Monovision Blended LASIK
Reviewed by: Dr. David Evans
Have you relied on glasses or contacts for years and now need reading glasses, too? Would you like to reduce your dependence on corrective lenses? If so, monovision LASIK or blended LASIK may be the solution for you.
In both of these procedures, your eyes are corrected so that your right eye can be used for different tasks than your left. More specifically, one eye is corrected for distance and the other is corrected for near or intermediate vision.
Check out this brief introductory video, or continue below for more information on the benefits of monovision and blended LASIK.
Benefits of Monovision LASIK & Blended LASIK
Both monovision and blended LASIK can help you achieve clear distance and near vision.
Blended vision LASIK may be more effective and easier to get accustomed to than monovision LASIK. If you have the vision problems mentioned above, blended vision is likely an option for you. (It is suitable for nearly 100 percent of people with these vision problems.) Almost everyone who has blended LASIK will be able to read newsprint following the procedure, and more than 90 percent will be able to read even smaller print.
Monovision LASIK is suitable for about half of the people who have the vision problems described above.
Like other forms of LASIK, monovision LASIK and blended vision LASIK offer the following benefits:
- Great results
- Quick procedure
- Little pain or discomfort
How do the Procedures Differ?
You most likely have a dominant eye. Monovision LASIK takes advantage of this by correcting your dominant eye for distance vision, while intentionally leaving your other eye mildly nearsighted so you can see objects up close. If you are interested in this approach, your eye doctor will likely recommend that you try monovision with contact lenses prior to moving forward with monovision LASIK surgery.
Blended vision is a related approach that still corrects your eyes for different distances. However, whereas monovision leaves one eye mildly nearsighted, blended vision corrects it for intermediate vision; in other words, after surgery your right eye’s prescription will be more similar to the left eye’s prescription than it would be if you had monovision LASIK.
The monovision and blended vision approaches can also be applied to other vision correction procedures, including PRK, implantation of phakic IOLs, refractive lens exchange (RLE) and cataract surgery with premium IOLs. Ask your eye surgeon for more information on these possibilities.
Are You a Candidate?
If you are myopic or nearsighted, when you remove your distance glasses, you can easily read a book or newspaper without any eyewear. If so, you are a good candidate for monovision or blended vision. These procedures use the natural focusing state of your vision to make one eye your “reading” eye while the other is corrected for distance.
If you have tried monovision or blended vision with contact lenses and it worked for you, you are probably a candidate for the LASIK version of these approaches. However, there are certain other requirements.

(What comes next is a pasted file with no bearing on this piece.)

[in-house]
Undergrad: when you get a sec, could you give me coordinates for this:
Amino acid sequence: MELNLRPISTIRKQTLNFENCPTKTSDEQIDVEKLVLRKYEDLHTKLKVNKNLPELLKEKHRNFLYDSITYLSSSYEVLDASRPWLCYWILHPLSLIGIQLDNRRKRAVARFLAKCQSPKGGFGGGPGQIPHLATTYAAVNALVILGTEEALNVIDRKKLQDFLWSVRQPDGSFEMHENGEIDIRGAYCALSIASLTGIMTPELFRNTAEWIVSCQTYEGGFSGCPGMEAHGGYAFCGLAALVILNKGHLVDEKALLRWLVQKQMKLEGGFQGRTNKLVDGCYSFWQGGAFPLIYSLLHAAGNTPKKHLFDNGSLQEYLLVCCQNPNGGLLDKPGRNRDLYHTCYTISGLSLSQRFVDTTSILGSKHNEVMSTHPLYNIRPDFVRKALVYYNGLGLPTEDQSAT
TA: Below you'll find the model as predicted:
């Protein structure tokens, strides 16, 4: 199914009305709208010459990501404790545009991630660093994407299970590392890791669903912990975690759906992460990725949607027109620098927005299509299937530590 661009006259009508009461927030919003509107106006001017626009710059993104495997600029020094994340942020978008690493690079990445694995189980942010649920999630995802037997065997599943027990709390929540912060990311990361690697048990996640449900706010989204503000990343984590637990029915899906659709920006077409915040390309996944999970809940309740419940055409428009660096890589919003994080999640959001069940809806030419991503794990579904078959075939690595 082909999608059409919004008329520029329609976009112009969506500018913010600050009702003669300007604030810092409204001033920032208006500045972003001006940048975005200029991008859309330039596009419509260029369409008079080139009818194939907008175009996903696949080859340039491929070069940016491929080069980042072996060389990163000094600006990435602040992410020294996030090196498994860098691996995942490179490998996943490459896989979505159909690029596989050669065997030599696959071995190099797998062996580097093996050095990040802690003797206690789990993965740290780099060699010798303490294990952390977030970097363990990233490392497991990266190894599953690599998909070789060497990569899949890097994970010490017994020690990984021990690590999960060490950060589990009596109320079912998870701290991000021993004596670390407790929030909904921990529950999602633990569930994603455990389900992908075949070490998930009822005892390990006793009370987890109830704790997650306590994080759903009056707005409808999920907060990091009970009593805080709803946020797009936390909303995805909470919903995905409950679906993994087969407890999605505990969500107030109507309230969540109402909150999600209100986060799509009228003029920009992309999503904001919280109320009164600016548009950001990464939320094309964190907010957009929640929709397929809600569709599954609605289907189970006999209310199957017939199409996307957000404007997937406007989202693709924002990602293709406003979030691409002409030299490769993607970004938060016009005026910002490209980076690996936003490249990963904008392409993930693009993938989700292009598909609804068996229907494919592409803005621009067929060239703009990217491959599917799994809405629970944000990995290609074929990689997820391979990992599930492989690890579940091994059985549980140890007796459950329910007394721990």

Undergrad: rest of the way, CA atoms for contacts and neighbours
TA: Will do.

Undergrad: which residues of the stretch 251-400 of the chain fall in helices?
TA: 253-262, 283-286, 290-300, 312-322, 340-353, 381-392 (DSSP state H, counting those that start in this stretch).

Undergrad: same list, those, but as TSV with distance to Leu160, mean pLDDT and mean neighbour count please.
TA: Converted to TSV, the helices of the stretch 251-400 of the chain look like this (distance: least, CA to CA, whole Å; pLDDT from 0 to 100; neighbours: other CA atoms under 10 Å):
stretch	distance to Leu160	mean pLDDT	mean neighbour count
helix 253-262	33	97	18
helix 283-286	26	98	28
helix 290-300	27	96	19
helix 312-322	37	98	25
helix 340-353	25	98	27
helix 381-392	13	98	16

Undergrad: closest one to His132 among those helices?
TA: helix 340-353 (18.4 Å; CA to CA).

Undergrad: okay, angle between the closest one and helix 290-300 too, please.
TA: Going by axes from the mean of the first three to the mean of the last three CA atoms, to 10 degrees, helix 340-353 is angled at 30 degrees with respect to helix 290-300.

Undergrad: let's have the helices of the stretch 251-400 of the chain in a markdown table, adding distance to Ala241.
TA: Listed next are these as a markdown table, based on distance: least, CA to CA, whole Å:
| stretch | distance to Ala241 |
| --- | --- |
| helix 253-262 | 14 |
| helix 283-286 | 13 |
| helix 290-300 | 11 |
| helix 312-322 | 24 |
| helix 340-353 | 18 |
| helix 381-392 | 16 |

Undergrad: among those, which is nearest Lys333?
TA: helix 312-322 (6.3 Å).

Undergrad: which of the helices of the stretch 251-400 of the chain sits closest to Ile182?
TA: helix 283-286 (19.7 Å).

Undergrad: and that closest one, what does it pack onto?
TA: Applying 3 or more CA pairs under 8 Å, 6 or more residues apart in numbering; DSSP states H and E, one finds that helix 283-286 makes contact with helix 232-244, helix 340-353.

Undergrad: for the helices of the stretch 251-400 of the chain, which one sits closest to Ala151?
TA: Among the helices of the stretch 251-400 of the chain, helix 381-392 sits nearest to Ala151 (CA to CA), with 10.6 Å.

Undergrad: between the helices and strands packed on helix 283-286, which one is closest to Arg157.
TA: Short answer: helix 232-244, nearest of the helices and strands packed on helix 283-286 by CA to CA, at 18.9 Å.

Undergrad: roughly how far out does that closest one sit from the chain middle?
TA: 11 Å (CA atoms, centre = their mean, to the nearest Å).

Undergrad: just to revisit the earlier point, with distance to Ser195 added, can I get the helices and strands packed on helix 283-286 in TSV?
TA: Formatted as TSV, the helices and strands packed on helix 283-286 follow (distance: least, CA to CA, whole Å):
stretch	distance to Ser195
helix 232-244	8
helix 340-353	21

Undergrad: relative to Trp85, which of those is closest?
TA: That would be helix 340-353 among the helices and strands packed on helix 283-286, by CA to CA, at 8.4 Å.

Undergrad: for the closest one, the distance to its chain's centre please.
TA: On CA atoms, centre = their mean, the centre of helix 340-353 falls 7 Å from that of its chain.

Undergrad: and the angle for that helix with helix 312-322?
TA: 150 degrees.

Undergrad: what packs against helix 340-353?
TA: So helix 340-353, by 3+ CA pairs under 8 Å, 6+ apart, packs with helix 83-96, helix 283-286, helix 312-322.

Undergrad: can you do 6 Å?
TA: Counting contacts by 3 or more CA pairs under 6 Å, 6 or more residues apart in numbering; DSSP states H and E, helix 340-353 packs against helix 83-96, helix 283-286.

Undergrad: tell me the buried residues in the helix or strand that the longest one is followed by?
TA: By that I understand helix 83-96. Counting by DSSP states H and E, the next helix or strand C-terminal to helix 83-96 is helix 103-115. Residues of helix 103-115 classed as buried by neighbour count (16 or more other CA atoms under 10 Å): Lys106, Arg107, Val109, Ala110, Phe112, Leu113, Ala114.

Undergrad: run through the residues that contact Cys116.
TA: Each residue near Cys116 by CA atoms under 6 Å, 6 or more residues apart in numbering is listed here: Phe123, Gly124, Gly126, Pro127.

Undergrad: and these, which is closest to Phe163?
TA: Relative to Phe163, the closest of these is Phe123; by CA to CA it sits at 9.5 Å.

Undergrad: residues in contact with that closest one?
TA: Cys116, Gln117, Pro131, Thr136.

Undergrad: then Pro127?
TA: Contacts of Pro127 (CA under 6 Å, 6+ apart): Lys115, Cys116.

Regardless of the type of LASIK you are considering (monovision, blended, all-laser, etc.), you must be at least 21 years of age.
You also must have realistic expectations of the outcome. This is particularly important with monovision and blended vision LASIK, because these types of LASIK may leave you with decreased depth perception (see Risks & Complications below). To this end, if you rely on precise depth perception in your line of work, you are not a good candidate for monovision or blended vision LASIK.
If you have thin corneas you may not be a candidate for these procedures. If this is the case, you may still be a candidate for a different laser vision correction procedure such as PRK or LASEK, or a non-laser refractive surgery procedure. Ask your eye doctor for more information on LASIK alternatives.
To be eligible for monovision or blended LASIK, you also must be willing to accept the potential risks and complications of these procedures.
Risks & Complications
If you are considering monovision LASIK or blended vision LASIK, you should be aware that both are something of a compromise. You will be able to see objects clearly both up close and far way, but, because your right eye is focusing at one distance while your left is focusing at another, you may lose depth perception.
You may still need reading glasses for certain tasks after monovision or blended vision LASIK.
Other risks and potential complications of any LASIK procedure include dry eye, infection and dissatisfaction with the results.
How Much Do These Procedures Cost?
Monovision LASIK and blended vision LASIK are comparable in cost to other LASIK-based procedures. You should expect to pay about $2,000 or more per eye. These procedures are not covered by insurance.
If the up-front cost seems prohibitive, speak to your eye surgeon about financing. There are many financing options available for these procedures.
Also, if your employer offers a Flexible Spending Account (FSA), you can use it to pay for your LASIK procedure. If you’re unsure, ask your human resources representative if your company offers this type of program.